Literacy coach ready to offer reading suggestions to students
Carolyn Boyd's work follows her home every night. But she doesn't mind.
When she's not teaching reading at Lansing Intermediate School, Boyd enjoys "The Left Behind" series and suspense novels by Dean Koontz and Mary Higgins Clark.
But the new literacy coach at LIS also takes time to read the children's books that earn the annual Newbery Medal and William Allen White Children's Book Awards.
"I know which books to share with students when they have trouble picking one out. There are kids who (say), 'I need a good book to read,' and they have no clue where to go to get one. Then I can say, 'This one is really good,'" Boyd said.
As a literacy coach, Boyd works with students individually and in groups to help improve reading levels.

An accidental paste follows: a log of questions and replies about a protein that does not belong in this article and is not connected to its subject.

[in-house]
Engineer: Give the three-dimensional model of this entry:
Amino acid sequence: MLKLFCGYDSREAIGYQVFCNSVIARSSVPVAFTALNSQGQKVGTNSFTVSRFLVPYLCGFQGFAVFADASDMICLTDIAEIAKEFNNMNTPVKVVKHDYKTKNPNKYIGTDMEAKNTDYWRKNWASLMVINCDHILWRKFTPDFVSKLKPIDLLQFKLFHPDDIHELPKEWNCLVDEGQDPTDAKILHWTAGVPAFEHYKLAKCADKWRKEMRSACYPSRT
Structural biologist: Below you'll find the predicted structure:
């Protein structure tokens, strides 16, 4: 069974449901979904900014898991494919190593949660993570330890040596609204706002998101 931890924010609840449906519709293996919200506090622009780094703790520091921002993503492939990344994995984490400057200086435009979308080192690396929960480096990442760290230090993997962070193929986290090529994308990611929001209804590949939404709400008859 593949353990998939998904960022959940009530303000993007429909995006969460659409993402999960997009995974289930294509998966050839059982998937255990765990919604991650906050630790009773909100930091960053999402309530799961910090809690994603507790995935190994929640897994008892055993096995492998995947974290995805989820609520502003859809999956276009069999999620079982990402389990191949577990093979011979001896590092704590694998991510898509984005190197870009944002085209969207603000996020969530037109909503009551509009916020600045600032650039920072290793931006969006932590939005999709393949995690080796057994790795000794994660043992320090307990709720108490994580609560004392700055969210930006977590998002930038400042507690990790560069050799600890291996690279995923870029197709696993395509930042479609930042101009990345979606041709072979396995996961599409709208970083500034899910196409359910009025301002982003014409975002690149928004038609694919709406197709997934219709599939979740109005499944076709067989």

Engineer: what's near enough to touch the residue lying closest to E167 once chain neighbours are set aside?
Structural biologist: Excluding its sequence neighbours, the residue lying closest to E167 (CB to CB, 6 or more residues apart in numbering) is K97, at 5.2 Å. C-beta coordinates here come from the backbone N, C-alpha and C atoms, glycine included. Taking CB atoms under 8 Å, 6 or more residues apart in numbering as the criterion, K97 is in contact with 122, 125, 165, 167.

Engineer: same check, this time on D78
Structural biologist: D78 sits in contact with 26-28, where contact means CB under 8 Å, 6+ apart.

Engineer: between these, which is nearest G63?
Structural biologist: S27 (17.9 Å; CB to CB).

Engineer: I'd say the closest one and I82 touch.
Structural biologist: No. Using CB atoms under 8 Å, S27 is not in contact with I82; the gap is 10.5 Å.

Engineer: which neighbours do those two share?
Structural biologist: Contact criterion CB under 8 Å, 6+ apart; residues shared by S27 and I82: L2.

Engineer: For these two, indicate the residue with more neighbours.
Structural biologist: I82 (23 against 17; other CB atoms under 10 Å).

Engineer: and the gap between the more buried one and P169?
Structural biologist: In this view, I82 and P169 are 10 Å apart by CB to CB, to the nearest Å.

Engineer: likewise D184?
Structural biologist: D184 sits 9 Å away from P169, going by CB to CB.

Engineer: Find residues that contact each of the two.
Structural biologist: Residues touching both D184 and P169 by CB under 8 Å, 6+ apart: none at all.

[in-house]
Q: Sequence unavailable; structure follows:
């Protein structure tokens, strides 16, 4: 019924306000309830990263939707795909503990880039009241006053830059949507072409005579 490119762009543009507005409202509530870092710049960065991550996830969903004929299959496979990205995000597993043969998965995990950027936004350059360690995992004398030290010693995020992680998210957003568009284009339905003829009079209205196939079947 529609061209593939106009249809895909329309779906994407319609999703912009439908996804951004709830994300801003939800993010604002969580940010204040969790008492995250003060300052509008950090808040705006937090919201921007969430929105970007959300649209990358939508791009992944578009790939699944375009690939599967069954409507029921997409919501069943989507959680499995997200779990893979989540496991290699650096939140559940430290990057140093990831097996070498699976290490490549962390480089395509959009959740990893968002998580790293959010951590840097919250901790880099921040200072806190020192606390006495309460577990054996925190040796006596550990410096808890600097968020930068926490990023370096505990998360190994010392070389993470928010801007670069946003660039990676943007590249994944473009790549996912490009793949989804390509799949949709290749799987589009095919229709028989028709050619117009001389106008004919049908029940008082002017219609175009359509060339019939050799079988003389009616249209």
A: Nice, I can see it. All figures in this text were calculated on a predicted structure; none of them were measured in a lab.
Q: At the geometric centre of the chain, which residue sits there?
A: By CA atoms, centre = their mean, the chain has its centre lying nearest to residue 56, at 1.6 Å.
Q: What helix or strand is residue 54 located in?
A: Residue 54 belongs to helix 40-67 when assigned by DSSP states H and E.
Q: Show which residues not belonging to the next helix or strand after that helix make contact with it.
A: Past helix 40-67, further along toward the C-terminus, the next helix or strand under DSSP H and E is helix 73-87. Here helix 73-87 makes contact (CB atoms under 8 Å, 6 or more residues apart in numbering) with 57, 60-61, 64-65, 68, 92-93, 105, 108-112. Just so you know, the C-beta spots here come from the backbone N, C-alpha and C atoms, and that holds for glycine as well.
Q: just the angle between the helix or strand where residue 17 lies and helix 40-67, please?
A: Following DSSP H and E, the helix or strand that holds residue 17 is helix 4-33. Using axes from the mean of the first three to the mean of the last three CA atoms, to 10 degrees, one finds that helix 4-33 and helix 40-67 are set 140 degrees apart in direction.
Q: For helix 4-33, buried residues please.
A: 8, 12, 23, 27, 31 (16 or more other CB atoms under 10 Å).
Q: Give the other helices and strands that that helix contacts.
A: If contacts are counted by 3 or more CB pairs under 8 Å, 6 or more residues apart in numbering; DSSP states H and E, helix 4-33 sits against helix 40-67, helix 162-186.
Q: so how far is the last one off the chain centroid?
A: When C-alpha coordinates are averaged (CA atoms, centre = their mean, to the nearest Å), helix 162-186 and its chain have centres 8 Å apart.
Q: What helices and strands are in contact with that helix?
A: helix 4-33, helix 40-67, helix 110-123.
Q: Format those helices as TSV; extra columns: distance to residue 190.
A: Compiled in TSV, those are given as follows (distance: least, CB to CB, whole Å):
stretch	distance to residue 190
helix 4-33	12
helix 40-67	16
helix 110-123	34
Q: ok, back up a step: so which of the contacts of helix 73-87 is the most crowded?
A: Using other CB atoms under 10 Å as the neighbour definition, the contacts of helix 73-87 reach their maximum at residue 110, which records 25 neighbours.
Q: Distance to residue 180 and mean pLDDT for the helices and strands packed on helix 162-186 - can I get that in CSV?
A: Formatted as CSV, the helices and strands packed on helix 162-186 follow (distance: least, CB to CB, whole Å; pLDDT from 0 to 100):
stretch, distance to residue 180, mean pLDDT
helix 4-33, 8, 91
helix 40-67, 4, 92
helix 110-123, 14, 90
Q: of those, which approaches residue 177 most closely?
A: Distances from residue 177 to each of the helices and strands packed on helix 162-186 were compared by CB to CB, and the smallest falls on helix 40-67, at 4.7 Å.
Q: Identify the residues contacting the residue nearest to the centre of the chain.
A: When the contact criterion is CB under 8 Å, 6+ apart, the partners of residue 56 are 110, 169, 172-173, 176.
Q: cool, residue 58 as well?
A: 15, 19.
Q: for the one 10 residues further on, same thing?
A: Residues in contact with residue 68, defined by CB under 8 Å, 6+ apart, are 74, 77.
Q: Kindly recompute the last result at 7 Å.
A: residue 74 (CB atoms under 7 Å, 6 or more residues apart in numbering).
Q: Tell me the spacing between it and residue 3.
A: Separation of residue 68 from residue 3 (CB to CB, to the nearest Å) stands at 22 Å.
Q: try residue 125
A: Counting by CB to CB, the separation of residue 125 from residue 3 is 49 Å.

Lately, Boyd sees how her favorite book, "Oh, the Places You'll Go!" by Dr. Seuss, applies to her life, which has experienced many changes.
She just left a 28-year teaching career in Fowler, a small 1A school south of Dodge City.
Through the years, she taught reading, math and social studies at the elementary school and coached girls' high school track, volleyball, basketball and tennis.
During the summer, she moved to Overland Park, where her husband, Dan Boyd, works for Kansas Gas Service.
Boyd says she didn't make any hasty decisions while looking for a new job.
She searched for more than a year before she accepted the newly created literacy coach position at LIS. She called it "a perfect match."
"When I interviewed for it, it just seemed like the teachers and administration were really open to the idea of having a literacy coach come in and help their students," Boyd said. Her only challenge, she said, is remembering all the new names. It was a simpler task at Fowler, where her class sizes ranged between 5 and 21.
Boyd is also a mother to two sons who attend college: Nicholas, 21, and Nathan, 19.